What’s the alternative? Homelessness? The argument for not tossing “misbehaving” public housing residents into the street isn’t “the children” as you say, it’s that access to safe and secure housing is one of the most basic human rights. Public housing tenants have to live somewhere, and it’s undeniably better for the community, and for these individuals, that they’re not stuck all together in a single estate, which just compounds problems they face. What do you think happens if you turn a “misbehaving” public housing tenant on the street?

One of the statements made by an objector in Nicholls earlier this year said that they feared public housing because it would bring “drug addicts, paedophiles and other people with mental disabilities” into their community. There are already “drug addicts, paedophiles and other people with mental disabilities” living in your community, even without public housing.

So what’s the real issue? That there’s hurt feelings in the community from a lack of consultation? That there’s a concern that Housing ACT is ineffective in reducing crime and anti-social behaviours in public housing? That there’s a lack of effective drug and alcohol treatment strategies in the ACT? That there isn’t enough support for people with a mental illness in our community? That there’s a problem with domestic violence (and violence in general) in our community? That some people have been dealt a crap hand in life, and haven’t pulled themselves up by their own bootstraps?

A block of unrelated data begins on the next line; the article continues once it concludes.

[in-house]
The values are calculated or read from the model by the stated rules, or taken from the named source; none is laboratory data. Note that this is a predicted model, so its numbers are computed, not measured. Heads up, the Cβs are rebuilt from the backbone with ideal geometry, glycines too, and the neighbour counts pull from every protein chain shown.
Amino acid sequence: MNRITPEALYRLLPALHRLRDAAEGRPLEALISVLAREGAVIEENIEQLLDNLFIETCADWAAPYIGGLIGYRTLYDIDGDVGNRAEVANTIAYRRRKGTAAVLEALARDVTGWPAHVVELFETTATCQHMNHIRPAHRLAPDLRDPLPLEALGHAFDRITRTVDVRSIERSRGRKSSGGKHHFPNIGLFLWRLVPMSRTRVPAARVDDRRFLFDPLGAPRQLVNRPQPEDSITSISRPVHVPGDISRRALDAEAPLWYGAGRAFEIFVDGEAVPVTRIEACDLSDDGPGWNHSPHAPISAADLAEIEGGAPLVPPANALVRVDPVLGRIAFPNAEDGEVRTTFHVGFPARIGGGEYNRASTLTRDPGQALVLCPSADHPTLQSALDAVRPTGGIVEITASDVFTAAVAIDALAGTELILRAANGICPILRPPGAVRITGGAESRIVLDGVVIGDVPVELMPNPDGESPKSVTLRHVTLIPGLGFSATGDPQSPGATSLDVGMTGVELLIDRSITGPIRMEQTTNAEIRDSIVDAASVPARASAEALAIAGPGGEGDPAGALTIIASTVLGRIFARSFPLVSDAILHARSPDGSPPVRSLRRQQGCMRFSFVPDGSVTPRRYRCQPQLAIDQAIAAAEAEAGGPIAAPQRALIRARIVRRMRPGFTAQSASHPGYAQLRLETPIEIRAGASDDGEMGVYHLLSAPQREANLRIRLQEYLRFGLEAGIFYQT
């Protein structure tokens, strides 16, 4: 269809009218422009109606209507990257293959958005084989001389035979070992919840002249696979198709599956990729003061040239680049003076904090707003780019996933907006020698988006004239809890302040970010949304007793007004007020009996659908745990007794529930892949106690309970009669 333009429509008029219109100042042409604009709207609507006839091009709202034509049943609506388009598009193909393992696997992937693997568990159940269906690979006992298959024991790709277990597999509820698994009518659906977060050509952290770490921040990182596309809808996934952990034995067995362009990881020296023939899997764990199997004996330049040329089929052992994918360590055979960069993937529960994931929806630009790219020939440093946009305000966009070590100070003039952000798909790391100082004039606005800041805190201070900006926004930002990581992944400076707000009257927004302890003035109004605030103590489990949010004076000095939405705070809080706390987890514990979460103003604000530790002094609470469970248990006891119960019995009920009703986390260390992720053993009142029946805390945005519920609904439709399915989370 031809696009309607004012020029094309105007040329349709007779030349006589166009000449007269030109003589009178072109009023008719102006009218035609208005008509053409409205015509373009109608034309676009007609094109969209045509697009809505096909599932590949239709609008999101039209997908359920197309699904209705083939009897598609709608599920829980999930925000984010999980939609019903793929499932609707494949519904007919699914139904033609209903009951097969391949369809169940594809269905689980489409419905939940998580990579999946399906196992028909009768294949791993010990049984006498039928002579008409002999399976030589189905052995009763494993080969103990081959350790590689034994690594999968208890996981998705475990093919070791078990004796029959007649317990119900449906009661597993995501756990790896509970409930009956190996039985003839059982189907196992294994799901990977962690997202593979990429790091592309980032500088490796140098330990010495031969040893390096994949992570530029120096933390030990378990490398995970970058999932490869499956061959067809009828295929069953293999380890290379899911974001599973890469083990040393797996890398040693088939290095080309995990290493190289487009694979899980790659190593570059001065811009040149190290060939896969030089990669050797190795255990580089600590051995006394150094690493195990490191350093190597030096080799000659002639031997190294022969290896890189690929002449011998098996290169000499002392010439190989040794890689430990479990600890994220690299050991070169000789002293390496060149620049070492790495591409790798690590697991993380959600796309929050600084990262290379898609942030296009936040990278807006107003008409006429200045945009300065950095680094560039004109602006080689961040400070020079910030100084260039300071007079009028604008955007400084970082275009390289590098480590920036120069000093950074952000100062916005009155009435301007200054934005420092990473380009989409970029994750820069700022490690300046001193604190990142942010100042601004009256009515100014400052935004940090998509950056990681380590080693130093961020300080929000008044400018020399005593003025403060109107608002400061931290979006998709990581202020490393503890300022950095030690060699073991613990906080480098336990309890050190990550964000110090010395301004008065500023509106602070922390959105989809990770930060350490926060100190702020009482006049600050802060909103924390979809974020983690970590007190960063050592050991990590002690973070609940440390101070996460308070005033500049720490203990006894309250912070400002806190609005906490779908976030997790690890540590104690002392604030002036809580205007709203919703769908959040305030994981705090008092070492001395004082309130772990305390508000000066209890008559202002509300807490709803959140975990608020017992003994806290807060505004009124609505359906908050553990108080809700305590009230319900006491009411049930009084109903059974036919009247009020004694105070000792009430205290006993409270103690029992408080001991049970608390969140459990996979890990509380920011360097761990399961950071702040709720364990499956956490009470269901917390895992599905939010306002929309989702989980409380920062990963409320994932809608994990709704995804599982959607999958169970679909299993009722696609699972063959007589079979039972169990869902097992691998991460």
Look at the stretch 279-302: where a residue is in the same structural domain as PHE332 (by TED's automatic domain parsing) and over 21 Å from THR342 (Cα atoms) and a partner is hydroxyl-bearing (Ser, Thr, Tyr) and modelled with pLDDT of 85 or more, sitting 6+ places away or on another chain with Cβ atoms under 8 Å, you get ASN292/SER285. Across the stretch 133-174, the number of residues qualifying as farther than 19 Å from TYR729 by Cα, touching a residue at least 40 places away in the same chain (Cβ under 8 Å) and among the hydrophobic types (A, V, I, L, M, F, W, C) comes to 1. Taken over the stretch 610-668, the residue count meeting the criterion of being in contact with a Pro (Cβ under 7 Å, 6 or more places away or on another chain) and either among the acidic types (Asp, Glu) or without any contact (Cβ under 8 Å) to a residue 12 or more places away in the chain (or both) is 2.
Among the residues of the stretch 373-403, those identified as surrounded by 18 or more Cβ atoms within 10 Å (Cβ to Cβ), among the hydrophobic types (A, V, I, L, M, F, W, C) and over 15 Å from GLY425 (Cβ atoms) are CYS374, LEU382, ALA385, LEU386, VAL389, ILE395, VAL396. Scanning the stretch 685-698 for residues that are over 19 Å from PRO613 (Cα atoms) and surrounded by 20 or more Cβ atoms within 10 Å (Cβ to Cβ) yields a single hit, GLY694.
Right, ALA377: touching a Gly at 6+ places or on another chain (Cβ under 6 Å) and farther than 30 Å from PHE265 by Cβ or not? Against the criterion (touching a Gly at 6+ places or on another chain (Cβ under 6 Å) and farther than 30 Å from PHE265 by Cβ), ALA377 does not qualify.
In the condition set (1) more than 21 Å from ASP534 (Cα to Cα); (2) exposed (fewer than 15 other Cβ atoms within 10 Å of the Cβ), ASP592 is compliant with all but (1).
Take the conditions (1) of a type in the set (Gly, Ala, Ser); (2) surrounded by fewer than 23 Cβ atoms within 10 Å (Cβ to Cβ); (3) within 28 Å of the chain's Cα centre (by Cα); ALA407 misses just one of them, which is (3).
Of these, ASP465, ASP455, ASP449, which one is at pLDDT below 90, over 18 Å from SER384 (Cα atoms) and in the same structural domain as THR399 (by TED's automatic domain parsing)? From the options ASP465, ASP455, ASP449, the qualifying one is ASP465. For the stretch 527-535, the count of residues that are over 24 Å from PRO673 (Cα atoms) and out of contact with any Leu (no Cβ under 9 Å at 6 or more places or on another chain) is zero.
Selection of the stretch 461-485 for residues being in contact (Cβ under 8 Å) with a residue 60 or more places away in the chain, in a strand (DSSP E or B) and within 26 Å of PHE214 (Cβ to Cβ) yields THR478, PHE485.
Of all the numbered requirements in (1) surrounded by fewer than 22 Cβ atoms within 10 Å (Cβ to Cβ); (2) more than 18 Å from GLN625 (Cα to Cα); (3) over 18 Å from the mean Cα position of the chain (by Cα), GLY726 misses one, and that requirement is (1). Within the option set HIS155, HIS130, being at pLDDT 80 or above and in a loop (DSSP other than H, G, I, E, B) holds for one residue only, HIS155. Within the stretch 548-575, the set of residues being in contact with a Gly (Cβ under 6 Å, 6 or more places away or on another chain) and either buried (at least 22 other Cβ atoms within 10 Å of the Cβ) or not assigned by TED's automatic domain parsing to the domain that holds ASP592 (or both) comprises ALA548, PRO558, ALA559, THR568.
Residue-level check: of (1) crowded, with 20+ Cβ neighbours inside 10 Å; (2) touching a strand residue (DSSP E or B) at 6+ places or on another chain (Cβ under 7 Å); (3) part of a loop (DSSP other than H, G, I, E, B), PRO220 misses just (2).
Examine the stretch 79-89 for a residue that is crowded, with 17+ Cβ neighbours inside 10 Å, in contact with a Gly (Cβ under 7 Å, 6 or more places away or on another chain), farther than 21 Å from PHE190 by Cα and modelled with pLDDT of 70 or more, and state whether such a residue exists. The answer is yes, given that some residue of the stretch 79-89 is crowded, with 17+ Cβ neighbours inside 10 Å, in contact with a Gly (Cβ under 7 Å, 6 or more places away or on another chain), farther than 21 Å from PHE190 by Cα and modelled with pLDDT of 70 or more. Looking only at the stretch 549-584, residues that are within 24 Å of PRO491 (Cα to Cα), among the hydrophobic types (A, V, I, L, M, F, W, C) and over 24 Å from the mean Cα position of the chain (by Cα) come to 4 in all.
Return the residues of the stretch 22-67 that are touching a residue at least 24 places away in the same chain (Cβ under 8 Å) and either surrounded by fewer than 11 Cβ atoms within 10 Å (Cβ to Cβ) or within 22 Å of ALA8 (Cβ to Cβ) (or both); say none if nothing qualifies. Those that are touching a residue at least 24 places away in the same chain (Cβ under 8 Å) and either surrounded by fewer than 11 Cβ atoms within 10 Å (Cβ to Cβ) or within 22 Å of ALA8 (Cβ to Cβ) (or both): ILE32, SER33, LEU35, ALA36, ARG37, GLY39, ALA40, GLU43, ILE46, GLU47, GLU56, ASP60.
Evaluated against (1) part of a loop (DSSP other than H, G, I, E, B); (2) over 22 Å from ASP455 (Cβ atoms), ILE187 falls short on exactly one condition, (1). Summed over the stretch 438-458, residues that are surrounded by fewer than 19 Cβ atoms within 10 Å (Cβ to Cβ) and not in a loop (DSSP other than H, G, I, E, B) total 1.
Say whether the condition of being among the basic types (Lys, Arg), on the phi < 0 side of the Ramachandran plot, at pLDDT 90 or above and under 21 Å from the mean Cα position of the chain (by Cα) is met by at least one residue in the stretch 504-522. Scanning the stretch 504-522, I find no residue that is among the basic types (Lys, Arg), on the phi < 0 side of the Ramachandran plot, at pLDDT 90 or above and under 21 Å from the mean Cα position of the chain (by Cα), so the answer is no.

I also live in the suburban ACT, and “saved and slaved to establish a home in pleasant law-abiding surrounds”. I value the diversity of my neighbourhood, would welcome more and think that proposing to strip your fellow humans of the dignity that comes with secure, habitable and accessible housing is a low act and no solution to any of the above issues. You don’t speak for me.

tooltime 12:55 pm 22 Dec 15

Jester noir,

Are you suggesting they be allowed to trash properties continually without any fear of loss, destroy the ambience/amenity/property value of an area with their kids, animals and front yard scrap metal depots?

What’s your suggestion?

JesterNoir 10:45 am 22 Dec 15

So you’re suggesting that we make them homeless?